The Hamble rises at Bishop's Waltham in Hampshire and flows into Southampton Water. It is a relatively small river but it has an interesting and varied history. Above Botley the Hamble powered a number of mills, and in the 17th century plans to make that section navigable were contemplated. The tidal river below Botley has served as an important local conduit for the carriage of goods and commodities, particularly timber, underwood and flour, and a number of industries, including fishing and salt production, have over the centuries flourished on its banks. King Henry V's fleet was stationed on the river and in the 18th and 19th centuries it was an important location for naval shipbuilding, not least because of the ample supplies of timber to be found in the valley. One of Nelson's flagships, HMS Elephant, was built there in the 18oos. The proximity of Southampton and Portsmouth has meant that the river was of importance militarily during the Second World War as well as in earlier conflicts. It also boasts a number of literary associations, particularly that of William Cobbett, who lived and farmed at Botley for a number of years at the beginning of the 19th century. The river has been an important centre for yachting for over one hundred years and there are today a number of boatyards and marinas along its lower reaches. However, despite this and other commercial development, the river is still prized for its natural beauty, and large sections are protected for their ecological and conservation value. Drawing on printed and archival sources, and with a wealth of illustrations, this book traces the river from its source to the sea.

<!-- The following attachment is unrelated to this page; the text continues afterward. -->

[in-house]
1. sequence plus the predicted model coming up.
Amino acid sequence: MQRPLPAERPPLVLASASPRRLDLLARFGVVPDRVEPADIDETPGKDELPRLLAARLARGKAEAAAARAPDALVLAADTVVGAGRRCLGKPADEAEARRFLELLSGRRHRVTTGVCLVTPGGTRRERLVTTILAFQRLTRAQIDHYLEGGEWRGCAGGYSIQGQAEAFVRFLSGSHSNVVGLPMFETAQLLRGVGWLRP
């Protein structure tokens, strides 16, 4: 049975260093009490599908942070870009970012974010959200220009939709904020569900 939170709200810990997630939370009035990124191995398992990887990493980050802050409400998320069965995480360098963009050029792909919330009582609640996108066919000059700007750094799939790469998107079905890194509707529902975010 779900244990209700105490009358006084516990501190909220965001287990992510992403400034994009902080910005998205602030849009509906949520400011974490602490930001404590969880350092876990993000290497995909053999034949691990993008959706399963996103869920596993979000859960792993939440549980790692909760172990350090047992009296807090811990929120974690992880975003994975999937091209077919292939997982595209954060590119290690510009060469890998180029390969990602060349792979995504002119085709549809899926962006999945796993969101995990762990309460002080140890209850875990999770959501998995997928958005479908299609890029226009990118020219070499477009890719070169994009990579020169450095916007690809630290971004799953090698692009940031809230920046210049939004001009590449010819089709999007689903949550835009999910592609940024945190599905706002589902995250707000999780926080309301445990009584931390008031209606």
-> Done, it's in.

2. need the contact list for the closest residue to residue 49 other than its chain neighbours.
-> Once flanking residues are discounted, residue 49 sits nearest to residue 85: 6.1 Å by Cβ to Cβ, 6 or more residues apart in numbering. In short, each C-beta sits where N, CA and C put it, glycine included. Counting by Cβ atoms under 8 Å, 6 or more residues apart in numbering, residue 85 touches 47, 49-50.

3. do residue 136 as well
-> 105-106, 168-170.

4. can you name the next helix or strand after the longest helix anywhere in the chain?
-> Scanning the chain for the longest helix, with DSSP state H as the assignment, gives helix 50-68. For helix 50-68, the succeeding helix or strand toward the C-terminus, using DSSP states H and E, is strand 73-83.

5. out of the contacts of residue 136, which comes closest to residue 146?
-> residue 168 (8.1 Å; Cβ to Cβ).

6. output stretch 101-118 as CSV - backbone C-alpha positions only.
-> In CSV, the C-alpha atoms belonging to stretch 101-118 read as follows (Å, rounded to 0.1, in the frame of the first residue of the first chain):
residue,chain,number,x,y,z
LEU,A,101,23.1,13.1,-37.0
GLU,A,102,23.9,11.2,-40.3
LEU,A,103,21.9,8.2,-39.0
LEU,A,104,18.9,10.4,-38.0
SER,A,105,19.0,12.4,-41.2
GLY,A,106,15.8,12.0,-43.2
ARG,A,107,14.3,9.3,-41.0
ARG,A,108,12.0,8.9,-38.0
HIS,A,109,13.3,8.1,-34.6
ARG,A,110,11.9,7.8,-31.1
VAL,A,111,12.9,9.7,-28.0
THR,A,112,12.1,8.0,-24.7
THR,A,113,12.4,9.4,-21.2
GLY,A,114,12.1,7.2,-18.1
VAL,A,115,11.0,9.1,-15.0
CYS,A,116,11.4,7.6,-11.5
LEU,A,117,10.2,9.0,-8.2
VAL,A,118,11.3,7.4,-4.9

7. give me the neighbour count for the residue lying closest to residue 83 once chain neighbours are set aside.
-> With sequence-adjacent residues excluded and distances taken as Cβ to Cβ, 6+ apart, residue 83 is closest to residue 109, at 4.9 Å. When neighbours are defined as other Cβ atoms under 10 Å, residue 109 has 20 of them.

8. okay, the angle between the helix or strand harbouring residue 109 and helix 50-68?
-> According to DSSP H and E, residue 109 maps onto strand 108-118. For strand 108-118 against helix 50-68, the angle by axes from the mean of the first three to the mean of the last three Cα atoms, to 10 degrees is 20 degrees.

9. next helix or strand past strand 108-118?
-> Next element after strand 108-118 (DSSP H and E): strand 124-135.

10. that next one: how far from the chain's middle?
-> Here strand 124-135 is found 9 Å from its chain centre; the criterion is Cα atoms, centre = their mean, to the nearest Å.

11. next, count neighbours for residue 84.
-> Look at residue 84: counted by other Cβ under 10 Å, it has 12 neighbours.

David Chun is a practicing solicitor and an active local historian. He has written a number of articles on local history subjects, including the Hamble River, for various publications, and has given talks with similar themes. He was one of the coeditors of Anne Cobbett's Account of the Family. He lives in the Hamble valley.